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Not Your Ordinary Gazpacho


I rarely title my posts with anything but the name of the recipe I’m posting — but this particular recipe is fabulous, and if I told you what it was called, I might scare you. Let’s just say it’s not your ordinary gaspacho. First off, it’s white. As you might have guessed, cucumbers are definitely at play here, and they lend a wonderful fruity freshness that’s key in offsetting…the other ingredients. Also in the mix are almonds that have been blanched, toasted, and ground, as well as rustic bread that’s been soaked in water and blended to thicken the soup. And that other ingredient, you ask? Buttermilk. Don’t freak out.


Here’s the thing. The soup is called “Cucumber Buttermilk Gazpacho,” but it should be called “Cucumber Almond Gazpacho.” I get that buttermilk is a key player in this soup — and I recommend making it with the real thing, and not milk mixed with a tsp of lemon juice — but it’s a flavor in the background, one that pulls everything else together, not worthy of the title. Especially since its presence scares people.

Let’s just review our dairy trivia for a minute: according to Wikipedia, “fermented dairy product produced from cow’s milk with a characteristically sour taste. The product is made in one of two ways. Originally, buttermilk was the liquid left over from churning butter from cream. Today, this is called traditional buttermilk. Buttermilk also refers to cultured buttermilk, a product where lactic acid bacteria have been added to milk.” Ok, so it’s fermented. Lest that scare you, so is wine…and who doesn’t love a nice glass of wine? It’s also sour. But so are lemons and limes and oranges, oh my! so don’t hate. And if you’ve ever swallowed your nerves and tried buttermilk — in pancakes, or ice cream — you know that it’s got a quite distinctive, quite lovely flavor. So there.


Lest you be concerned that this soup is too rich, I can assure you, it’s not. And I’m sensitive to creaminess. The generous garnishes of juicy tomato, sharp scallion, herby parsley and toasted almonds make this a fun soup to eat while offsetting the buttermilk perfectly.

Here’s what I can promise: everyone cringes when I say the name of this soup. But guess what else? No one has not tried it. And? No one has not liked it. So maybe you’ll try it. And maybe you’ll like it. Just maybe.

**I must give props to Jana. Not only did she introduce me to this recipe (by way of making it for a recent lunch party), but she opened my eyes to the oft-doubted-but-kind-of-wonderful marthastewart.com. So thanks to Jana!


Cucumber Buttermilk Gazpacho
from MarthaStewart.com

Makes 6 cups

* 3/4 cup whole blanched almonds
* 1/2 cup sliced blanched almonds, for serving
* 4 ounces rustic white bread, crust removed, bread cut into chunks
* 2 1/2 pounds Kirby or regular cucumbers, peeled, seeded, and coarsely chopped (about 4 3/4 cups), plus 1 unpeeled cucumber, diced, for serving (about 9 cucumbers total)
* 2 small garlic cloves
* 1/2 cup extra-virgin olive oil, plus more for drizzling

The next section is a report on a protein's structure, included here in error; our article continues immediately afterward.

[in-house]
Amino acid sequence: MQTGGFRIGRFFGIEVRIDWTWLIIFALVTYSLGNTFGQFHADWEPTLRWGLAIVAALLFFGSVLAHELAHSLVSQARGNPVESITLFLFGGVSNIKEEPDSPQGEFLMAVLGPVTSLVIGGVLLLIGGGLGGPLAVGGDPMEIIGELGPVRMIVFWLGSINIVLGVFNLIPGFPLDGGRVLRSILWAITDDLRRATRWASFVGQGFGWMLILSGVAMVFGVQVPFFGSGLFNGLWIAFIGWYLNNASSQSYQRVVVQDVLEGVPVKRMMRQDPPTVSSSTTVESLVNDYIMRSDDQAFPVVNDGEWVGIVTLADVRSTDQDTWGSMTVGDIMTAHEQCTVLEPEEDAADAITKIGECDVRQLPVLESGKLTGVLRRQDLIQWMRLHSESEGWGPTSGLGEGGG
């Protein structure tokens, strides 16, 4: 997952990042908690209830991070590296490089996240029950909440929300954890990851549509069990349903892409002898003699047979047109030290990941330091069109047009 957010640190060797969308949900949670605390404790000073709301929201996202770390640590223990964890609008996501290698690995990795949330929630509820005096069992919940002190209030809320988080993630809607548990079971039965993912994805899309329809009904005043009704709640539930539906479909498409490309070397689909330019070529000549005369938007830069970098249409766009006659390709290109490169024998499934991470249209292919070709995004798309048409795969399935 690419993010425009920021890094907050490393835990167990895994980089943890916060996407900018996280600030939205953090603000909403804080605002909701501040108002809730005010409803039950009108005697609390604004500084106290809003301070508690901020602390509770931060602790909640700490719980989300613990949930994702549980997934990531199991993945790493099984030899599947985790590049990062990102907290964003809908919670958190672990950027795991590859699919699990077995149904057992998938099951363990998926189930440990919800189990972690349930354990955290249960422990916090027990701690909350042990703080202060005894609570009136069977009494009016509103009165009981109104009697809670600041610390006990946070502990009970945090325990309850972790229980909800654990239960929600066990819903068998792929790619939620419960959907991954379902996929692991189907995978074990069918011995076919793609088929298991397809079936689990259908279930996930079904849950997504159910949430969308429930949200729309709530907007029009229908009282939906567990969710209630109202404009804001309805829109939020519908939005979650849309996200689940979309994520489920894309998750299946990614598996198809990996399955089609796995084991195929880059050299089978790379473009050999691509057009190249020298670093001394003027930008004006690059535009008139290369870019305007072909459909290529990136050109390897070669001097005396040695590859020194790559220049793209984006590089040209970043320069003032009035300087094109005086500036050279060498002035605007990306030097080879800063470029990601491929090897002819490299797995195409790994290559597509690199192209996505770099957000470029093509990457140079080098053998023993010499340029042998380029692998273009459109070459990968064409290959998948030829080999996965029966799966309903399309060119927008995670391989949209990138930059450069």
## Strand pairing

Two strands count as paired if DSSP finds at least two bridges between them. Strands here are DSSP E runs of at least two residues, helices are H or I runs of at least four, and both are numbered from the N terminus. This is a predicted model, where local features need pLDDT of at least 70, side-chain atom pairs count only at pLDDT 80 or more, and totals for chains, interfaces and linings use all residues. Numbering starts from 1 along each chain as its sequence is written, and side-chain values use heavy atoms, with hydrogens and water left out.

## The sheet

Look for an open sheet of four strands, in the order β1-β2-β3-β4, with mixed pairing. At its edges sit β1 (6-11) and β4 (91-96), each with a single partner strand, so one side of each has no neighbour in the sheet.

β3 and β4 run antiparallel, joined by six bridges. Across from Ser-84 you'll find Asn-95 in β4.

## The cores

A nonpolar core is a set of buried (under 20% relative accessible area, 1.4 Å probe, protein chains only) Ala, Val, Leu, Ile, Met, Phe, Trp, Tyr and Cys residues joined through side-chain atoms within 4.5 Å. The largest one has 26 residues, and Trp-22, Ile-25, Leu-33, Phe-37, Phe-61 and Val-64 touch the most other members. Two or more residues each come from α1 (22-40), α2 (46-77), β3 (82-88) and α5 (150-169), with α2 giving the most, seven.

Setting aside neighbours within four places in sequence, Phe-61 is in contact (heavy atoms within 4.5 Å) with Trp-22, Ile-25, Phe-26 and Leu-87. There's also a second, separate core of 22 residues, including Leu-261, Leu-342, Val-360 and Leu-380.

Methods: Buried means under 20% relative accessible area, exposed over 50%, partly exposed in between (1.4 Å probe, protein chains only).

* 3 tablespoons fresh lemon juice
* 1 cup buttermilk
* 2 teaspoons coarse salt
* Freshly ground pepper, to taste
* 3/4 cup cold water, plus more if needed
* 1 large ripe beefsteak tomato, diced, for serving
* 4 scallions, sliced, for serving
* 1/2 bunch fresh flat-leaf parsley, for serving (I used chives instead of scallion and parsley, because that’s what I had lying around…)


1. Preheat oven to 350 degrees. Spread whole almonds in a single layer on a rimmed baking sheet, and spread sliced almonds in a single layer on another rimmed baking sheet. Toast in oven until brown and fragrant, 7 to 10 minutes (sliced ones will brown more quickly). Let cool.
2. Place bread in a bowl, and cover with cold water. Let stand 10 minutes. Squeeze out liquid, and discard.
3. Puree half of each of the whole almonds, bread, peeled cucumbers, and garlic in a blender. Add half of each of the oil and lemon juice, and puree. Transfer to a large bowl. Repeat.
4. Stir in buttermilk, salt, and pepper. Add water; if a thinner consistency is desired, add more water. Pass through a medium sieve. Refrigerate at least 1 hour (or overnight). If desired, thin with water before serving. Serve cold. Drizzle with oil, and serve with diced cucumber, tomato, scallions, parsley, and sliced almonds on the side.

Comments on this entry are closed.

  • Ivy September 9, 2008,

    I am totally 100% behind you on the buttermilk thing-no need to justify.

    The soup looks delightful.

  • Staci September 10, 2008,

    Forget the soup (though it looks delicious as does everything you ever post)…where did you get those spoons?!

  • Ames September 10, 2008,

    I think it sounds lovely! I had the most amazing buttermilk panna cotta the other day, and now I’m obsessed with finding other non-baking uses for it.

  • Lael September 28, 2008,

    This gazpacho sounds delicious! I’ve never been shy around buttermilk (though not crazy about the thought that my grandpa used to drink it by the glass full.) I like your photo arrangements as well.